While working on my SBC comparison, in addition to building a new library to read DHT11/DHT22 sensors using the SPI bus, I had a hard time finding a working library to read BMP280/BME280 sensors using the SPI bus. Most of the libraries utilized I2C, which in normal situations would be fine. For this set of testing, I was specifically looking for a sensor using the SPI bus to verify connectivity on different platforms. So, I kicked off a mini project to build a new library.
For those unsure on whether to use SPI or I2C for a given sensor, one feature of the SPI bus that makes me tend to prefer it is the lack of bus addressing. Most I2C devices I’ve seen tend to come with pre-defined I2C bus addresses. Some devices allow you to switch the address between two different options by setting a jumper (or soldering a pad). What do you do if you need two or more of the same sensors connected to an SBC or microcontroller? SPI does require more cabling but using the CS (chip select) to identify the intended sensor allows for more flexibility. If the number of cables isn’t an issue, I’ll likely use SPI wherever possible.
Setting used by BME280/BMP280 sensors
- Sleep Mode: Initial state after startup. No sensor readings are running, all registers are accessible and consumes the lowest amount of power
- Forced Mode: Performs one measurement of enabled sensors and returns to sleep mode
- Normal Mode: Cycles between measuring enabled sensors and inactive periods between measurements
When a “forced” read is called, the sensor will simply take a single reading and store the result. Once the reading has been taken, the raw data can be read from the register. When in normal mode, reads can be performed at any time. Any read in normal mode will return whatever current raw data is presently stored in the memory registers. With IIR filtering that will mean averaged data, or when filtering is disabled, whatever reading was taken last.
IIR Filter (aka Oversampling)
The description of the IIR filter took some time to sort out. When the IIR Filter is enabled, the “filtered” data holds an average of x number of readings. In some areas, this is called oversampling. The documentation refers to IIR filtering to “reduce the noise”. The concept here is averaging out readings to minimize brief variations in pressure or temperature. The humidity sensor does not use IIR Filtering. The IIR filter is only applicable when in normal mode. The filter also applies to BOTH the temperature and pressure sensor (there isn’t an independent filter setting for each). The filter is cleared when the sensor is placed in normal mode. After the filter is cleared, all future readings are averaged in. The higher the filter number, the lower the impact a single reading will have on the “filtered” value.
IIR filtering supports the following values: 0 (off), 2, 4, 8, and 16.
The humidity sensor (BME280 only) always runs as a 16 bit ADC. Pressure and temperature sensors default to 16 bit when the IIR Filter is disabled and can be set to 0 (disables the sensor), 1 (for 16 bit), 2 (for 17 bit) or 3 (for 18 bit). When IIR Filtering is enabled, the pressure and temperature sensor run at a fixed 20 bit (higher resolution for averaged readings).
When running in normal mode, the BME280/BMP280 sensor will take readings on regular intervals. In between each reading the sensor will sleep for the “standby” time before waking up and taking another reading. When running in normal mode with the IIR filter enabled, the sensor will take readings and average the results into the stored result. The datasheet for the BME280 and BMP280 disagree on the meaning of the standby time settings somewhat. They agree on the sleep time for values 0-5 but differ on the meaning of 6 and 7.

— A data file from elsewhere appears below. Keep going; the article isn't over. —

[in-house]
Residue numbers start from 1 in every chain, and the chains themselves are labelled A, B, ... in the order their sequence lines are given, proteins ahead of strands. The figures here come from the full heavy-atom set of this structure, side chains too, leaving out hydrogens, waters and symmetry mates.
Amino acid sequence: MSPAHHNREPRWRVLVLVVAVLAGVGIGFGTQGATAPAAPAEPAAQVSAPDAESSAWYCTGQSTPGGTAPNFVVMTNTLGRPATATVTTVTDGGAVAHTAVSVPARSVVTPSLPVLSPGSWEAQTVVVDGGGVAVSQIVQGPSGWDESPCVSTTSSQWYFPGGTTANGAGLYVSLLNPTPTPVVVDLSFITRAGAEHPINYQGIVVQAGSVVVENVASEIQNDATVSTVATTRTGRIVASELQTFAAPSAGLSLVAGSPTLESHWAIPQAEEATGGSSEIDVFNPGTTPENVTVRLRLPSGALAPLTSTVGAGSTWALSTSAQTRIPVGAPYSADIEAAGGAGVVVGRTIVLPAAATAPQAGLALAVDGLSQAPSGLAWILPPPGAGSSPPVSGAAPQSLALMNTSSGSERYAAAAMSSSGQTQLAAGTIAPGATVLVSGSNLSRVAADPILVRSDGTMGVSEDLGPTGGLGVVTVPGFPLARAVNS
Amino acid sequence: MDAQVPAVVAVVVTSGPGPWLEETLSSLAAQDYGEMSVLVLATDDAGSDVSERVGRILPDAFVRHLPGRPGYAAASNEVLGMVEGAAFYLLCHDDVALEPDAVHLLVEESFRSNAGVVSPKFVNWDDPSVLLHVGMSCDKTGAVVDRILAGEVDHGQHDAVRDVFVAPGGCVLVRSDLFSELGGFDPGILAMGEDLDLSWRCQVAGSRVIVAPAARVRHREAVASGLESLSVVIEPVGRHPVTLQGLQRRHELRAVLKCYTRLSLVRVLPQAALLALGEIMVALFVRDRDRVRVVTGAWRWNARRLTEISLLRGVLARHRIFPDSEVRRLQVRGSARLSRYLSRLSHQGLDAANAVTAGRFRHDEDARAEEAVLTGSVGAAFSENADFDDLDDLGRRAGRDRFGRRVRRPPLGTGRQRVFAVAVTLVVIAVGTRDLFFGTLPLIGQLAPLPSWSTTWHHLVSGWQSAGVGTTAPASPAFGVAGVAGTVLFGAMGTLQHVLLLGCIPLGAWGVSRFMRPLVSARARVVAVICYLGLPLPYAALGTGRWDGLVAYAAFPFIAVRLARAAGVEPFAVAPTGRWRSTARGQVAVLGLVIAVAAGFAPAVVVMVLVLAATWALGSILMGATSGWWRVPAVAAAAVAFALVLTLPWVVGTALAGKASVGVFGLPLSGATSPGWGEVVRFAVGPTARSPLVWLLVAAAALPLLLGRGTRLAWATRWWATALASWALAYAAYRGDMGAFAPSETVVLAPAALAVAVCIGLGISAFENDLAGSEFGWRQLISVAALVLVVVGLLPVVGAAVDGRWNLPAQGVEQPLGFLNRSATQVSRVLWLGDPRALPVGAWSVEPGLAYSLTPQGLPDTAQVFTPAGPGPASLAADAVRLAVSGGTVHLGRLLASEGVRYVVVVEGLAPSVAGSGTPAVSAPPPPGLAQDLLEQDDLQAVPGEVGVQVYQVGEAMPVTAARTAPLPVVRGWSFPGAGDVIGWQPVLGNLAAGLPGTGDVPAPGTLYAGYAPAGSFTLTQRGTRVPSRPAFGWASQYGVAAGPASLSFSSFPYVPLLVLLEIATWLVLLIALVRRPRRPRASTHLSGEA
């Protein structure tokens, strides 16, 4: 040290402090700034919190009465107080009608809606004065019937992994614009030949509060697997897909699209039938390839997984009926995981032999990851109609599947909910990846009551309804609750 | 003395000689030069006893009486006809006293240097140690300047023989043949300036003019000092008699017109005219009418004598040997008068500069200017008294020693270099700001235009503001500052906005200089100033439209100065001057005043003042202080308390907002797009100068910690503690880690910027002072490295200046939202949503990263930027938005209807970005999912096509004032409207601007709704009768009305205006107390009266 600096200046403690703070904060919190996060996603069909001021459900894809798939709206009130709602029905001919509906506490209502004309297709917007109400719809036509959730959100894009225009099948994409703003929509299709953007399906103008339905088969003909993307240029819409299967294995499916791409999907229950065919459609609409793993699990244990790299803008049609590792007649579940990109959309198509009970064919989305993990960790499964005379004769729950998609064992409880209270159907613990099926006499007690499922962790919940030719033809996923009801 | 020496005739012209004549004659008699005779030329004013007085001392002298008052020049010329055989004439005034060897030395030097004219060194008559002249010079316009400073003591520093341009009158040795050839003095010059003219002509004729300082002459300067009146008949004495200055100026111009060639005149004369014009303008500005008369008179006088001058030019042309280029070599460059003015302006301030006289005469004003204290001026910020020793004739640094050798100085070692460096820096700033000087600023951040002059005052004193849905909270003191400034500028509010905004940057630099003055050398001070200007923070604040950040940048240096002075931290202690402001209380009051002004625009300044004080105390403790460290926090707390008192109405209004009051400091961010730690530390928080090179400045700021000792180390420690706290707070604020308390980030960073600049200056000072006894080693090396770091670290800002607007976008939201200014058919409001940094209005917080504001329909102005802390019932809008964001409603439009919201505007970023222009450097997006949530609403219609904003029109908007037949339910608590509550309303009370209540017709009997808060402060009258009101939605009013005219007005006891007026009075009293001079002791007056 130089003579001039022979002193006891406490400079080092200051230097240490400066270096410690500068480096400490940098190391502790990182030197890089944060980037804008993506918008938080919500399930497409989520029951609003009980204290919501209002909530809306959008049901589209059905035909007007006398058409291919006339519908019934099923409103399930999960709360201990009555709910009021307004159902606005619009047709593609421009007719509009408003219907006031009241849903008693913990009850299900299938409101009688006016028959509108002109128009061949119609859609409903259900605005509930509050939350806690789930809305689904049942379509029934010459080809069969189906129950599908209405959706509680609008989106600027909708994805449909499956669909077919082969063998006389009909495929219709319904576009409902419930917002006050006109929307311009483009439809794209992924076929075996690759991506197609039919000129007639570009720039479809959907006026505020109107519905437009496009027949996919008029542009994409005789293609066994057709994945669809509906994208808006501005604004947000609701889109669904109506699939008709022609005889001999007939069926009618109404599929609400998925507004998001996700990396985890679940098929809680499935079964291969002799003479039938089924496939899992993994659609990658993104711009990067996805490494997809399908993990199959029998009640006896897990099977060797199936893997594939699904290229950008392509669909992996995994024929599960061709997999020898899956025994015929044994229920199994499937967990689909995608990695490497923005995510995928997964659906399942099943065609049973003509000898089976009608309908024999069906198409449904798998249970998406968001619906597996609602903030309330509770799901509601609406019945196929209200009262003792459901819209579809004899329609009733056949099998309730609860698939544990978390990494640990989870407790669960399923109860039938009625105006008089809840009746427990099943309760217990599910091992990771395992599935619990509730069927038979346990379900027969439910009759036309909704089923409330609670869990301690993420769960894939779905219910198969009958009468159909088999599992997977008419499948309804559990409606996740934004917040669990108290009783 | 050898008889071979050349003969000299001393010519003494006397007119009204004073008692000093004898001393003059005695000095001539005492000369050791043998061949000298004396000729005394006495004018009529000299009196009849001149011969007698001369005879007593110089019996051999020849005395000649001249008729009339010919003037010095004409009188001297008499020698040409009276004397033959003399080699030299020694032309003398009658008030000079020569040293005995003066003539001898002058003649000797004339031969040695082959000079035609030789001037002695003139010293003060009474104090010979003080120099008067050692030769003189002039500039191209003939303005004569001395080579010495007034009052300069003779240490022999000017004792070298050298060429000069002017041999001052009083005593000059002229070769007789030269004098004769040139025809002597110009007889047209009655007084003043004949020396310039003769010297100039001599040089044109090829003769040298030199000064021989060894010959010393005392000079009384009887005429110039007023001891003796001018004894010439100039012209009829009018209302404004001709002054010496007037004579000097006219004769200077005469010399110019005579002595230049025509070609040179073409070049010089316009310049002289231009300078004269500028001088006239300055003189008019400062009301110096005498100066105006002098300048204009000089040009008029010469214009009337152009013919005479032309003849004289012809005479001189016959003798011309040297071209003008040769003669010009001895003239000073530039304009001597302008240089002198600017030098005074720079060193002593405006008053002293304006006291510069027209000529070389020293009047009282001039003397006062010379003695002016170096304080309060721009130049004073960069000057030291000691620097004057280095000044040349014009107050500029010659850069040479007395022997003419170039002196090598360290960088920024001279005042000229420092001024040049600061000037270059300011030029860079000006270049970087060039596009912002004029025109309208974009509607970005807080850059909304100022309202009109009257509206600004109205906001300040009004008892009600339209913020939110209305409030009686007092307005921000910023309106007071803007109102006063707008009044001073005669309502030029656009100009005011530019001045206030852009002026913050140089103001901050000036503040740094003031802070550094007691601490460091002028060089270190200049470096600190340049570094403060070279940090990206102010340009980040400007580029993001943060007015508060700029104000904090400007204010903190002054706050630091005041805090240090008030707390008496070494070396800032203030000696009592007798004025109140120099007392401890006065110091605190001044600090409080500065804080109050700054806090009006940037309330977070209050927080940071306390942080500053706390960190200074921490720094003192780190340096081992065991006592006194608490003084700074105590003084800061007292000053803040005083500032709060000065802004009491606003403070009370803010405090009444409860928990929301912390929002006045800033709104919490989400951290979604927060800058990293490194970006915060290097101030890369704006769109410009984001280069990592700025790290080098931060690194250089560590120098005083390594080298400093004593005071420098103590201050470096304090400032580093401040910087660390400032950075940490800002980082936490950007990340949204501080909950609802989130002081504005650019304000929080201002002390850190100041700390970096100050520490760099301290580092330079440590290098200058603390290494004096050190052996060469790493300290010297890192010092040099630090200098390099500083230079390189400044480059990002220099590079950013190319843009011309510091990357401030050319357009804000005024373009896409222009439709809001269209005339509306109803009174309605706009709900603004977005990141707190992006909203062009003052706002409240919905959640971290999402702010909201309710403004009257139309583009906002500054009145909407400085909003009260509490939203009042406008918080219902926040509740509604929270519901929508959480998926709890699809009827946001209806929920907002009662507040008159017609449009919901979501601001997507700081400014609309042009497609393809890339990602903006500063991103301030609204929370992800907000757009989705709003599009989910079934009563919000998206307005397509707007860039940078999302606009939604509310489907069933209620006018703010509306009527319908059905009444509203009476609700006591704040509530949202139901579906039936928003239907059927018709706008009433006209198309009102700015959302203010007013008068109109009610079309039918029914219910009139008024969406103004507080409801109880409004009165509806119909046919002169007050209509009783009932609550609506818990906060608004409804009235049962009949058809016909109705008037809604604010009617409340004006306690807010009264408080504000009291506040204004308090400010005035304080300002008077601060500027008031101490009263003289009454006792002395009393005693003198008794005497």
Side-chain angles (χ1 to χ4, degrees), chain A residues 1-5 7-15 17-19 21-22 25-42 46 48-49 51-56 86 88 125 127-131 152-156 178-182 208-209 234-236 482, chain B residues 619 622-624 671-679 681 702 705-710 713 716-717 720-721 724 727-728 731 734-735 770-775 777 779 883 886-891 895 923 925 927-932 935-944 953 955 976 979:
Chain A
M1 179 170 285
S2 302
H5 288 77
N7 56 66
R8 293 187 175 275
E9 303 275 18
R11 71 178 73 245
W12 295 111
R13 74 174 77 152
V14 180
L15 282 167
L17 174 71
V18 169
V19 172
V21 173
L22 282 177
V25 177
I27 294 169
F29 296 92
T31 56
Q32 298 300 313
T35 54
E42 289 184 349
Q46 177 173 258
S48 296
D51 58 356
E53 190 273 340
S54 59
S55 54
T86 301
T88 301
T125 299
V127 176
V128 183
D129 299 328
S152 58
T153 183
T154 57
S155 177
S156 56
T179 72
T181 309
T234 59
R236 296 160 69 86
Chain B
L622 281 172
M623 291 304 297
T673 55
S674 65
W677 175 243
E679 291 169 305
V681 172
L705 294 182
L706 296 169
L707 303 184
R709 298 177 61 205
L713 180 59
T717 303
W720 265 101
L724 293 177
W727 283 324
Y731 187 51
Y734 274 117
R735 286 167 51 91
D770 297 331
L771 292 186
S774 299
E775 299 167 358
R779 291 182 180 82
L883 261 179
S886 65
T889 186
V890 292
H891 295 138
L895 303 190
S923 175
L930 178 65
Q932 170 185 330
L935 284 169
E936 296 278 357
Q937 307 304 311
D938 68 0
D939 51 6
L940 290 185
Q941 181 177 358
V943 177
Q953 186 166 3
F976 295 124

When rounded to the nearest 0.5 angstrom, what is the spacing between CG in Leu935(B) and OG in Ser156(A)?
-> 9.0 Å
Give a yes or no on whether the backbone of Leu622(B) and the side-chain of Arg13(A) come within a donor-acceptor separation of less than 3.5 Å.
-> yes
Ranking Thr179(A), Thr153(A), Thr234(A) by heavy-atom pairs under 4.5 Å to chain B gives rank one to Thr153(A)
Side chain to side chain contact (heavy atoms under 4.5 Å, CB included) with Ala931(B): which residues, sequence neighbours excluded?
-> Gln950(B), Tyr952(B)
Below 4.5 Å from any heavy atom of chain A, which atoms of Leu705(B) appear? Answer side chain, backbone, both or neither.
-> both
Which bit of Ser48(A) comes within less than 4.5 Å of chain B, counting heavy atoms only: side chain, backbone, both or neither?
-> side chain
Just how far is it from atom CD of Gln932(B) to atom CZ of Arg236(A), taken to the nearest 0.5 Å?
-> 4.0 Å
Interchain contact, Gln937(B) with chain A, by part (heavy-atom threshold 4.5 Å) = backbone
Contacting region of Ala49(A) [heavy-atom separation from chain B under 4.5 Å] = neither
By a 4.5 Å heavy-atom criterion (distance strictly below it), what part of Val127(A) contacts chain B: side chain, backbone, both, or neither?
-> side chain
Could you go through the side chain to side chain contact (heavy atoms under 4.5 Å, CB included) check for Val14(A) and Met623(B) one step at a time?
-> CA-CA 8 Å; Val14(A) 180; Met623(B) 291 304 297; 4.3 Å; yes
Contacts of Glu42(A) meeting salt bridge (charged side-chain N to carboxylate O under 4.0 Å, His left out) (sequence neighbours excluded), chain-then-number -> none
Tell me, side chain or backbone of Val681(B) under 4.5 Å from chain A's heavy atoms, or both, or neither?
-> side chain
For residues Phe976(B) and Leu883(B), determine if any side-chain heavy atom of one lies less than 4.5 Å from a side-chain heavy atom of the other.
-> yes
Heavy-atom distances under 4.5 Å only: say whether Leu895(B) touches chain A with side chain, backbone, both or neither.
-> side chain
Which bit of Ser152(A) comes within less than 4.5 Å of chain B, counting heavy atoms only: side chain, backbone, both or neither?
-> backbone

Standby time supported values: 0 (0.5ms), 1 (62.5ms), 2 (125ms), 3 (250ms), 4 (500ms), 5 (1000ms), 6 (10ms in BME280 or 2000ms in BMP280), 7 (20ms in BME280 or 4000ms in BMP280). I’m assuming that the values in the BME280 datasheet are in error and used the BMP280 values in my library. If you want to be safe, stick with the 1 second interval or less.
How it Works
I named the library BMX280 because I wrote it to support both the BME280 and BMP280. Both read temperature and air pressure, the BME adds a humidity sensor as well (for a premium price!). Following the datasheets available from the manufacturer, it was clear that both sensors use the same set of registers and the same mechanism for sending and receiving data.
BME280 Datasheet: https://learningtopi.github.io/datasheets/bme280.pdf
BMP280 Datasheet: https://learningtopi.github.io/datasheets/bmp280.pdf
All registers on the BME280/BMP280 sensor support either a read or write operation. Configuration registers can be read or written, other registers are read only. With all this information, it was easy to create a Python library to read and write to the registers. The most difficult part by far was figuring out the trimmer parameters and how to take the raw data and convert it to usable temp, humidity and pressure data. I won’t go through all the details of the math. I’ll just say that there are 3 registers for temperature, 9 for pressure and 6 for humidity. The value in these registers holds calibration data that is burned into the chip from the factory and is REQUIRED to calculate the proper values.
Now that the structure is done, I may go on to add a background polling to keep a list of values polled while in normal mode. I can also take the SPI setup and port to I2C since the registers are the same, only the medium is changed.
Please check out our module documentation page here: </////>
Also check out our SBC comparison project that this library was written for here: </////>